Families can be further disadvantaged when climate disaster strike. When women are able to find employment—only 47 percent of women are active in the labor market compared to 72 percent of men—they are often employed in vulnerable sectors. In many low and lower-middle income countries, for instance, women make up the majority of the informal economy. During periods of extreme heat, women become more economically vulnerable and work outdoors with little protection from the rising temperatures. Without protective equipment, the scorching sun can cause burns, blisters, rashes, or even more serious illnesses.
As global warming accelerates, women are often forced to work in unsafe environments. Their educational outcomes can suffer, and they lose further productive time as extreme heat increases their care burden. This results in knock-on effects for long-term development outcomes.
Following a climate disaster, women also rarely have the same opportunities to migrate as men do. Men have better access to the legal and financial rights to leave their home following a climate disaster to pursue new forms of income, which in turn “intensifies women’s workloads as they struggle to add the work that men used to manage to their own daily workloads.”
Advancing gender equality in the face of climate change
While climate change and extreme heat impact everyone, there are structural and social inequalities that make it more difficult for women to protect their health in times of climate crisis.
In 2022, Arsht-Rock elevated the nexus of heat, health, and gender with the appointment of our first Global Ambassador for Heat, Health, and Gender. Secretary Hillary Rodham Clinton stepped into the role, bringing decades of experience working and advocating for women’s equality and climate action, and partnership through the work of the Clinton Global Initiative.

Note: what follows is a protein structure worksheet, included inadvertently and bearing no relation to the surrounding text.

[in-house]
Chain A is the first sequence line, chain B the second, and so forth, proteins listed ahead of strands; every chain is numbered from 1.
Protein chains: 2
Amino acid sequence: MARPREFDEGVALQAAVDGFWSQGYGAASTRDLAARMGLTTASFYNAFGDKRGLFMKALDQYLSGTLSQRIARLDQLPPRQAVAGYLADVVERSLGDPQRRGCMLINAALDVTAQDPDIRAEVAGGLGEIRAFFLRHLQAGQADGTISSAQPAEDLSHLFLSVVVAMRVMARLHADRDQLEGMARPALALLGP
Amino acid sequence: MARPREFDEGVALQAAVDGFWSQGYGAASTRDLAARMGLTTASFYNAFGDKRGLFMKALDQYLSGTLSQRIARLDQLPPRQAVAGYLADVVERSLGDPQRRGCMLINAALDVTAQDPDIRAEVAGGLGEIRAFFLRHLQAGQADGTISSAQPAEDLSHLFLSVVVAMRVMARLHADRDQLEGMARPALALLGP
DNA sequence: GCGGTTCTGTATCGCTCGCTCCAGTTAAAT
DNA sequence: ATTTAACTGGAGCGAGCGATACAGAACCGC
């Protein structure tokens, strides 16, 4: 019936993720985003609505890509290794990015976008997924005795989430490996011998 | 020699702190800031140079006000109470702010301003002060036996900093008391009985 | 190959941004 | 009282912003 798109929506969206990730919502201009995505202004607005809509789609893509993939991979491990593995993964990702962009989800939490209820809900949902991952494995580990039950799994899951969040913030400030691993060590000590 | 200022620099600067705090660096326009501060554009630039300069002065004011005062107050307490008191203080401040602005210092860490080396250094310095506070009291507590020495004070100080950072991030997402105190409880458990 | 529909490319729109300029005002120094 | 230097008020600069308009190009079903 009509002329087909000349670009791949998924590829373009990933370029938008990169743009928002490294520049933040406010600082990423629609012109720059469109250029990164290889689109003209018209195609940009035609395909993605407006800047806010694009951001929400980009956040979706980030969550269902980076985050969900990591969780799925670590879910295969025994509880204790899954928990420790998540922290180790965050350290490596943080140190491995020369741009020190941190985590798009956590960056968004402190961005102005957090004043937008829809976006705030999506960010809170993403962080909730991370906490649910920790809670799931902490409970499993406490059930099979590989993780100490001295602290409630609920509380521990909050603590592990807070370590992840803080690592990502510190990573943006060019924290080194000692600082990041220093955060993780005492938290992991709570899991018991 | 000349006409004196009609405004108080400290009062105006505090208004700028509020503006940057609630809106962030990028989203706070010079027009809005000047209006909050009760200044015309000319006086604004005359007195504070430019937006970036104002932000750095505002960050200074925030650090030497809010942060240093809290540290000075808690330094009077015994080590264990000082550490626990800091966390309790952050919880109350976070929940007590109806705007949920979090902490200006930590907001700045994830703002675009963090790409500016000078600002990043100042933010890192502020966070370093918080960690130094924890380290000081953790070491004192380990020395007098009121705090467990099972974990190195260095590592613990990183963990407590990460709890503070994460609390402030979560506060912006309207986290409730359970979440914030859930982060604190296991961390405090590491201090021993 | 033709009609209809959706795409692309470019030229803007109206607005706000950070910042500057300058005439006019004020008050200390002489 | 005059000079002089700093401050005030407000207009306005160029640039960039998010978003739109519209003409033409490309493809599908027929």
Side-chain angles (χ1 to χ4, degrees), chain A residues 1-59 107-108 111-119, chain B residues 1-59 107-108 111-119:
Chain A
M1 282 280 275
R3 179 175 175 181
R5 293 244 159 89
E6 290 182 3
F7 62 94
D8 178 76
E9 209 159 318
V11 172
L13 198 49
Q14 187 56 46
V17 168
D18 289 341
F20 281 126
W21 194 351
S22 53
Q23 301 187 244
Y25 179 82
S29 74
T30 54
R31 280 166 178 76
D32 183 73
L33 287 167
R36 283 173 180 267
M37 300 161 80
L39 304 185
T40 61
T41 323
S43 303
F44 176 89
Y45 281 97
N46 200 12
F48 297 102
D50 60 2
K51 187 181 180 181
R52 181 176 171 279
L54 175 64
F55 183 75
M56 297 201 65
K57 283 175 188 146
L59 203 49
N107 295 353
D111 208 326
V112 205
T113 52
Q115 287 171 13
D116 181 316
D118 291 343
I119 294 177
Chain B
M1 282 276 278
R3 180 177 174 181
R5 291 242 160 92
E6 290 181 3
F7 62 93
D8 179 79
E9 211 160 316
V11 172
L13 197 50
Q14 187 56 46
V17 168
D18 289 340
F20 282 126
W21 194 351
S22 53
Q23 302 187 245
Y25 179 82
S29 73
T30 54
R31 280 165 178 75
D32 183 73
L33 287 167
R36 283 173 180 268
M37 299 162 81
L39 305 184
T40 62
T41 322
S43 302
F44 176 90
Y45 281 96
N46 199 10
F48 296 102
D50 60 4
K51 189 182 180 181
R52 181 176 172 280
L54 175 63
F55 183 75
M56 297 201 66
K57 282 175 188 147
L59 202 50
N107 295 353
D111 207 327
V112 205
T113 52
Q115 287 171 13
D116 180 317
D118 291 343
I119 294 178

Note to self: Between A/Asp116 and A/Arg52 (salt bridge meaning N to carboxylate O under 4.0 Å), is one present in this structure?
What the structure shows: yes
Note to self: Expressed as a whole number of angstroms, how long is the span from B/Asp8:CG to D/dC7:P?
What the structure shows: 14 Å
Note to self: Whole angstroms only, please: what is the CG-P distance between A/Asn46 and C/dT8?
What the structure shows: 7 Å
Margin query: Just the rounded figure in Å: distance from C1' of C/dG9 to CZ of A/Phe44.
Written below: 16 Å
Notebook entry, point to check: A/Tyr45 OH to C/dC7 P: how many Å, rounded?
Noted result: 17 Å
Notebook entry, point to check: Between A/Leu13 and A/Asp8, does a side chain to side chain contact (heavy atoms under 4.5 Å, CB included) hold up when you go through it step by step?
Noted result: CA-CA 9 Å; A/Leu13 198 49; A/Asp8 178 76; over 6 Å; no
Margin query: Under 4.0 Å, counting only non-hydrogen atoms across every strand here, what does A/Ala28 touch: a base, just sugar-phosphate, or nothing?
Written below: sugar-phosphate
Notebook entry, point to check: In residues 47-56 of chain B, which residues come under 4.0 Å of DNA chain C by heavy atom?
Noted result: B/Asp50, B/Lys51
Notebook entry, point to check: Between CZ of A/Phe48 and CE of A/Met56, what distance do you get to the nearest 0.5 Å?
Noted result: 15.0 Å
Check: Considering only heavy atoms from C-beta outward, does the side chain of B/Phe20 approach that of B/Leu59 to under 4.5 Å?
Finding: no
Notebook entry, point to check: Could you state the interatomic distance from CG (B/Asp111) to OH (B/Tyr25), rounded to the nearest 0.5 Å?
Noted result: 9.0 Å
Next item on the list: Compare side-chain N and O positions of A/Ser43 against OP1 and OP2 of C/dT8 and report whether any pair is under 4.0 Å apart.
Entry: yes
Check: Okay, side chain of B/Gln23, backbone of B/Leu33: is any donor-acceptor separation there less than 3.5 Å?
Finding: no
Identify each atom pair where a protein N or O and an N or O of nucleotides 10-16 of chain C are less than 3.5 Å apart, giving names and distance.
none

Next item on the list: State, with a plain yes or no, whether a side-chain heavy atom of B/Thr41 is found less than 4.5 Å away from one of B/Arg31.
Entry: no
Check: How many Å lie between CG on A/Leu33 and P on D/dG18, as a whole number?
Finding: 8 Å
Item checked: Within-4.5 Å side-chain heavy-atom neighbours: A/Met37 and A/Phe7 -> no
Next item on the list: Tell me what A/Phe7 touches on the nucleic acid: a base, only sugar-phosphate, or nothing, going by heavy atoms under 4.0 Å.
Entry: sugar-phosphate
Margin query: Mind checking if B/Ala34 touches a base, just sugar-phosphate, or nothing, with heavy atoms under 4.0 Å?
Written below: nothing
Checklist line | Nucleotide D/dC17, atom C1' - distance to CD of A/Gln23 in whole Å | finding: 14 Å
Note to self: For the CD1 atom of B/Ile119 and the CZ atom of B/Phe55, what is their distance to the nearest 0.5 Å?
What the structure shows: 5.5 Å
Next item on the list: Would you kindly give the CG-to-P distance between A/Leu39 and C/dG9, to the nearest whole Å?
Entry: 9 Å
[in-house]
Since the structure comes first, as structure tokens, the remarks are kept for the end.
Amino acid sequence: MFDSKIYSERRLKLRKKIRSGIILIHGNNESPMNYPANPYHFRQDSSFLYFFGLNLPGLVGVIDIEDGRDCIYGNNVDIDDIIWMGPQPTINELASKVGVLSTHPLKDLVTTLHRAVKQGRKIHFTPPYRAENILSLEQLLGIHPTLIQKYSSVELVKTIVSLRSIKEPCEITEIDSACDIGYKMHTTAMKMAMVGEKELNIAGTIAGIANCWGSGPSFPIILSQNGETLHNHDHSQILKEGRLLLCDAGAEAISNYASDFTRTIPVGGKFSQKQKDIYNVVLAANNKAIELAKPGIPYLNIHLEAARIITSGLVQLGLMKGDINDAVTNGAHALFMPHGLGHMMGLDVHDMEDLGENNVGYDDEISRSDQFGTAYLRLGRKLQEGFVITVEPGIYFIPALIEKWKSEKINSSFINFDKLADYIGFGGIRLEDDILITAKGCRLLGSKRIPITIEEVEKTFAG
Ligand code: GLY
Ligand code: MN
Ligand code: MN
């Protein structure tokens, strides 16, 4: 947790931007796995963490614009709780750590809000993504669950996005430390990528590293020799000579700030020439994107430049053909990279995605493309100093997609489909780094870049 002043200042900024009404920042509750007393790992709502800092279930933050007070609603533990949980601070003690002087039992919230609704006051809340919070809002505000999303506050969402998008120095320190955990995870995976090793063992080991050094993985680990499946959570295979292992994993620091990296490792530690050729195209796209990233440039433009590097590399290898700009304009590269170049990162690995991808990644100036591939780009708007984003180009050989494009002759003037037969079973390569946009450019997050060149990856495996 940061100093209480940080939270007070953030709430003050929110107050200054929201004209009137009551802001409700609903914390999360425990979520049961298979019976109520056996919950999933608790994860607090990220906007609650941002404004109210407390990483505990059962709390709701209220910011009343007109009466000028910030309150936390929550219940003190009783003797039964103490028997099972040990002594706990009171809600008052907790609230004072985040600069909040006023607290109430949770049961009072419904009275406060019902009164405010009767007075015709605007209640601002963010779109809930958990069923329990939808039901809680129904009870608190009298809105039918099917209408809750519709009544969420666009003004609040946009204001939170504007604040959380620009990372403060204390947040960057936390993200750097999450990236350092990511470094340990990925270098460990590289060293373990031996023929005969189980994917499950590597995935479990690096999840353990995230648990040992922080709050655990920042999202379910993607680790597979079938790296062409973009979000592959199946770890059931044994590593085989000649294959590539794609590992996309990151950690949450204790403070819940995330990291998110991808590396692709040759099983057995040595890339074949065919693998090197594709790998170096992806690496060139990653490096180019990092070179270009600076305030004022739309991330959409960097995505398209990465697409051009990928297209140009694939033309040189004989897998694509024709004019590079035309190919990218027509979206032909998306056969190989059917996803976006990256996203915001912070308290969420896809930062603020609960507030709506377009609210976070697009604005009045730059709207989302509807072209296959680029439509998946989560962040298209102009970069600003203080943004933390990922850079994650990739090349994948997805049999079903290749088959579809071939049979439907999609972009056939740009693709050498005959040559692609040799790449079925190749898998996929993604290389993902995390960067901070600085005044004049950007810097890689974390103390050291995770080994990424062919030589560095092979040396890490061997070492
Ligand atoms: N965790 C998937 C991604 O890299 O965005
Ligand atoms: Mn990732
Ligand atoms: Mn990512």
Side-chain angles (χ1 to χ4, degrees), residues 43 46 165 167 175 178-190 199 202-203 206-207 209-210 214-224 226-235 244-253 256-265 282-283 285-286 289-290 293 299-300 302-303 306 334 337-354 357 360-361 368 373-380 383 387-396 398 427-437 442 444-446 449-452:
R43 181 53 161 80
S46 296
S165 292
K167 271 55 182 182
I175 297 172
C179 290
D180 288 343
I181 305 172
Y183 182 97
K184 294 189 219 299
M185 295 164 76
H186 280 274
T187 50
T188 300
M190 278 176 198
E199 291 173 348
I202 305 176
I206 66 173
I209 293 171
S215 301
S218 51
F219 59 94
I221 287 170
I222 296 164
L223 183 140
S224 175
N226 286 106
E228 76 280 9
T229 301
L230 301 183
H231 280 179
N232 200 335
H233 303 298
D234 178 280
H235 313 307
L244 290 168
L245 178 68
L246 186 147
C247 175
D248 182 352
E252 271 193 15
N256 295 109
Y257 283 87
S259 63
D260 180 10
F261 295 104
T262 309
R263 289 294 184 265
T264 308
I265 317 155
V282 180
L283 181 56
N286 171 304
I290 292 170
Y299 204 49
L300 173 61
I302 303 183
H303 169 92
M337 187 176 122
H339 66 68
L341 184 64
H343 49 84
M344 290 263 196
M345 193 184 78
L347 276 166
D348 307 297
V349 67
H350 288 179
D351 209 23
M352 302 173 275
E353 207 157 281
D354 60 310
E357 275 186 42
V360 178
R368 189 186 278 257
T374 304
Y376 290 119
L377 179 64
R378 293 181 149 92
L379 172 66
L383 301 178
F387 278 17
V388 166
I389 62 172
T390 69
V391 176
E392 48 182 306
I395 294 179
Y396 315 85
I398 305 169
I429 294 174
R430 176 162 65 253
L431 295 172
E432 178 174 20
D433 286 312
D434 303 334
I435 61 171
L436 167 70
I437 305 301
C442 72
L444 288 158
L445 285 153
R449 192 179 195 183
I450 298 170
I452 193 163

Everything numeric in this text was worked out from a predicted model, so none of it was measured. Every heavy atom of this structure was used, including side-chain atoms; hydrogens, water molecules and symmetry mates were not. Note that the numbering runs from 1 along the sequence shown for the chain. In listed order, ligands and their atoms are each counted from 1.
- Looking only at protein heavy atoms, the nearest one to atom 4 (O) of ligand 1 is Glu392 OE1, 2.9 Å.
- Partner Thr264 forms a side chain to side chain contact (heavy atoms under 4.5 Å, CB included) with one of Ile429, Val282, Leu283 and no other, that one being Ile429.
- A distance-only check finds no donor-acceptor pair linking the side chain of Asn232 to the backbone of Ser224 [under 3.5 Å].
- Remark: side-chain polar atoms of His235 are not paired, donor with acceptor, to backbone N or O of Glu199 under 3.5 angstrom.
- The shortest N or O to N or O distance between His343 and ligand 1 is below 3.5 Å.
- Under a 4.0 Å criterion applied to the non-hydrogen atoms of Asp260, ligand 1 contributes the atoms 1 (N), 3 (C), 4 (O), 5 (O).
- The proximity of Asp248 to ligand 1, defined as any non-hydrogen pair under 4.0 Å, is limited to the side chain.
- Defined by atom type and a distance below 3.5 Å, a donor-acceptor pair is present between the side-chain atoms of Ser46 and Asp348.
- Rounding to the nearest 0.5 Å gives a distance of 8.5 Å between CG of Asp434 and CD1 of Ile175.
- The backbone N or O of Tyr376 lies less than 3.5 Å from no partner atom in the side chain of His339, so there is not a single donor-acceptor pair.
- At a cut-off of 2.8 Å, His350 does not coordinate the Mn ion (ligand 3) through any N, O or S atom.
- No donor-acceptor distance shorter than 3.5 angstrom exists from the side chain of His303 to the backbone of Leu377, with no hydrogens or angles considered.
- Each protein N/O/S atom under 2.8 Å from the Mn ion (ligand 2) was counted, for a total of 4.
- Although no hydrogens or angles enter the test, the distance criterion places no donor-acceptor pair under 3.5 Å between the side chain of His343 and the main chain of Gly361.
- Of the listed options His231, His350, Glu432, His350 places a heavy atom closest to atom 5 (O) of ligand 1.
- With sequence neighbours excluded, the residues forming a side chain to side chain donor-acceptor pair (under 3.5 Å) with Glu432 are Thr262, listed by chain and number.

“As the climate crisis bears down, and as women’s lives and livelihoods continue to be threatened as a result, there’s not time to waste in addressing this urgent need,” Secretary Clinton said when the role was first announced.
Women are among the most vulnerable groups in the communities where we are advancing and accelerating climate adaptation solutions. In our work, we prioritize community-led solutions that protect women from the dangers of climate change. From collaborating with our Chief Heat Officer and Freetown’s market women to install shade covers to our parametric insurance pilot with the members of the Self-Employed Women’s Association, there are replicable and scalable ways to work with frontline communities to co-deliver resilience solutions.
With the engagement of Secretary Clinton as our Global Ambassador for Heat, Health, and Gender, and through partnership with the Clinton Global Initiative, we are igniting action to develop and implement more informed, gender-responsive interventions that protect women from the impacts of climate-driven extreme heat.